Sunday, November 20, 2016

A Midsummer Night's Dream, William Shakespeare, edited by Jane Bachman (1995)

A play that becomes a play within a play. Though ambitious, this really wasn't my cup of tea. That being said, I'd be remiss if I didn't point out that the characters are wonderful and that their lines are sometimes exquisite.

However, establishing an intriguing plot in Act I, scene 1 that gets hijacked in Scene 2 by a separate cast of characters, who in turn are manipulated by forces outside the play they're rehearsing (while giving rise to a reflection only such a structure can affect), complicates things unnecessarily. Especially when you consider introducing a geas into the story. A geas, an archaic trope popular in ancient fairy tales, essentially serves as a manipulating factor, rendering a given character bound to desires beyond his or her own personality or control, making him or her a marionette at the mercy of, say, a potion or a psychosis.

Today we're most likely to call this trope a cheat. In this play, the geas allows the audience to consider the nature of romantic love in ways it might not have thought of it before. After all, could it not be argued that the very nature of romantic love renders our wills irrelevant? To be sure, despite our best rationalizations, romantic love forces us, arguably, into situations under which we otherwise would never have submitted ourselves. In that sense, this trope, if interpreted metaphorically at least, has much to say about our irrational state when in love, or at least as it pertains to the young.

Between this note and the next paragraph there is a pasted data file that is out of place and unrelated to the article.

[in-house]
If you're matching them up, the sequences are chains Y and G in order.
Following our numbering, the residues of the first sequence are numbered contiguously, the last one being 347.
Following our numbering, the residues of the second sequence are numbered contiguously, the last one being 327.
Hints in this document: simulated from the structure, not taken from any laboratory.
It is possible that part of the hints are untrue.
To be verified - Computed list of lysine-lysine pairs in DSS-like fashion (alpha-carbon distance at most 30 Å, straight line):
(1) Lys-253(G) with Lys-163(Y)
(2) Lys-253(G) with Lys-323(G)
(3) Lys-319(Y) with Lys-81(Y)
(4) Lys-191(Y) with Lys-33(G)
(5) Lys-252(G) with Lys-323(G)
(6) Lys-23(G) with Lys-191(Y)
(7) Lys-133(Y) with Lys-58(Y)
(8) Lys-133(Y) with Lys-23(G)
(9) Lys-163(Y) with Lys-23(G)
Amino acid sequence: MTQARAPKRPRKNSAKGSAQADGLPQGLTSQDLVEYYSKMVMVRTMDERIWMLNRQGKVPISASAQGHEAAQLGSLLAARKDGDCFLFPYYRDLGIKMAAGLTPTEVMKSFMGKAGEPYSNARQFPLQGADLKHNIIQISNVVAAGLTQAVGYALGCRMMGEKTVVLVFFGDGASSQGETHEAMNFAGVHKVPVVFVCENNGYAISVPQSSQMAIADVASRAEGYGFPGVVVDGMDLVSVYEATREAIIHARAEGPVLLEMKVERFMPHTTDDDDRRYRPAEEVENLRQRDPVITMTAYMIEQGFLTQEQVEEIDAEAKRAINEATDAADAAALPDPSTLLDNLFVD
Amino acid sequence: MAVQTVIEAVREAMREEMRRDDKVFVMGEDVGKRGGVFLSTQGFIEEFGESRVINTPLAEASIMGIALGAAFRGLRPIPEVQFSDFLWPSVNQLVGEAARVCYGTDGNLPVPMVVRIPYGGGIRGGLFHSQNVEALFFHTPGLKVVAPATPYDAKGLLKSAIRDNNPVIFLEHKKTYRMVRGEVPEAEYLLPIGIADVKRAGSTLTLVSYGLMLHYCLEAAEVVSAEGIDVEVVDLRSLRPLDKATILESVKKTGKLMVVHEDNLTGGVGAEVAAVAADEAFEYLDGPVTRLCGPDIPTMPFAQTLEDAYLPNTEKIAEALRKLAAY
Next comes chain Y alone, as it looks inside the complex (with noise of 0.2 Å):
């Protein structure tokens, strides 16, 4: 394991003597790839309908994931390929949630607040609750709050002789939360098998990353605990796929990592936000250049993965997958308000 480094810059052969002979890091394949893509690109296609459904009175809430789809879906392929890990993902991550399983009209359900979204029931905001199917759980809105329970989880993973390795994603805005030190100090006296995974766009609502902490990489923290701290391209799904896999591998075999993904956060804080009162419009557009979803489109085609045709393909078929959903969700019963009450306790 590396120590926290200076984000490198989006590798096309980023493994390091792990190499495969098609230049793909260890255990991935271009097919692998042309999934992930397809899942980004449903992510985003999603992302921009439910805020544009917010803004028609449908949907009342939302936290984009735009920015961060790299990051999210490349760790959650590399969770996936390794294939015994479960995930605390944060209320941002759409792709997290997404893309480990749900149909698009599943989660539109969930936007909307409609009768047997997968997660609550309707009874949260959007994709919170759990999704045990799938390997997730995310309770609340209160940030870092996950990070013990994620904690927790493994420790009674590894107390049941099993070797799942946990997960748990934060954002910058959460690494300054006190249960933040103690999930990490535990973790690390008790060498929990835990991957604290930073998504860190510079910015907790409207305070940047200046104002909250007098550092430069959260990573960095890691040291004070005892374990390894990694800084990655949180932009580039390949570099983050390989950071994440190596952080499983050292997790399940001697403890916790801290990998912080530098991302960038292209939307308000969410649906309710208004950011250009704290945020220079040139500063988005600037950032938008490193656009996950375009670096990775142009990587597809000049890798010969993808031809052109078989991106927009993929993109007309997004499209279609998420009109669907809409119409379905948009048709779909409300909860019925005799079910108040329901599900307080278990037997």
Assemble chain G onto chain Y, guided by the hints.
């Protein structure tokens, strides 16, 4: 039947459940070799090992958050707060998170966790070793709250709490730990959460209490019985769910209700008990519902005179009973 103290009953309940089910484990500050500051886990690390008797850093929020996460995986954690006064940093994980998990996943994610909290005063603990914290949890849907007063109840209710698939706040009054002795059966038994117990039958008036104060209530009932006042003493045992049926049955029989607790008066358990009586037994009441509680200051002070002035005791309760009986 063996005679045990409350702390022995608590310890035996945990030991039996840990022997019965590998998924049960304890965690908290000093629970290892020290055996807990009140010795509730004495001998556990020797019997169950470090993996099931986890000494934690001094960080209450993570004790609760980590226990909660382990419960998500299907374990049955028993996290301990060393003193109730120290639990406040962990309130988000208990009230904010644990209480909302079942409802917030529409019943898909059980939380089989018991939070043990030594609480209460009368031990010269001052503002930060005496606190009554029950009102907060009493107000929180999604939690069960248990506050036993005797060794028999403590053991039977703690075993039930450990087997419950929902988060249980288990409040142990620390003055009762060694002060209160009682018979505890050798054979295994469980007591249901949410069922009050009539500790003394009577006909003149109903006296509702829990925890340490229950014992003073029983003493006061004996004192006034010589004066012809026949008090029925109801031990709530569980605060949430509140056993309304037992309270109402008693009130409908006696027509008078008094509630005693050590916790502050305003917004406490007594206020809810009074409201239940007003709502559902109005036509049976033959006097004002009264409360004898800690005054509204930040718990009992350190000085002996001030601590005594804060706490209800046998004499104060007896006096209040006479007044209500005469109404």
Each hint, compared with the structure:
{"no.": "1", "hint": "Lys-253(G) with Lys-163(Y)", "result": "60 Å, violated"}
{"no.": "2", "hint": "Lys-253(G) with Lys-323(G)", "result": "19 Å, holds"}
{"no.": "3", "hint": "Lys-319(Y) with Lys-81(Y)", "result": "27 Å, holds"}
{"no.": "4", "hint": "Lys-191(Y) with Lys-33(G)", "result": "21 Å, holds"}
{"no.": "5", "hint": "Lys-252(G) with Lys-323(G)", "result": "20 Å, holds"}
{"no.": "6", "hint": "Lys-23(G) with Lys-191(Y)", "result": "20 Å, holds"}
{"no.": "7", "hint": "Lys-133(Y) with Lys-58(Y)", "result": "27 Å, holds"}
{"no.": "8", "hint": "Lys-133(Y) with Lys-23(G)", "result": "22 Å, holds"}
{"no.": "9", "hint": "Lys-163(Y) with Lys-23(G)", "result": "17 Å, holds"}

Consider Romeo and Juliet. Despite their feuding families, despite what reason and good sense would dictate, they fall for each other not because they share an interest in primitive medicine or Plato. In fact, they seem to have nothing whatsoever in common apart from their youth and their eloquent speech, the latter of which hardly makes them unique in a Shakespearean play. Yet their romantic love fates them to live out a tragedy. For this reason, I can't deny that A Midsummer Night's Dream serves an artistic function. I just wished this had been achieved without resorting to such a convoluted play. Still recommended. Three out of five stars. Rated G

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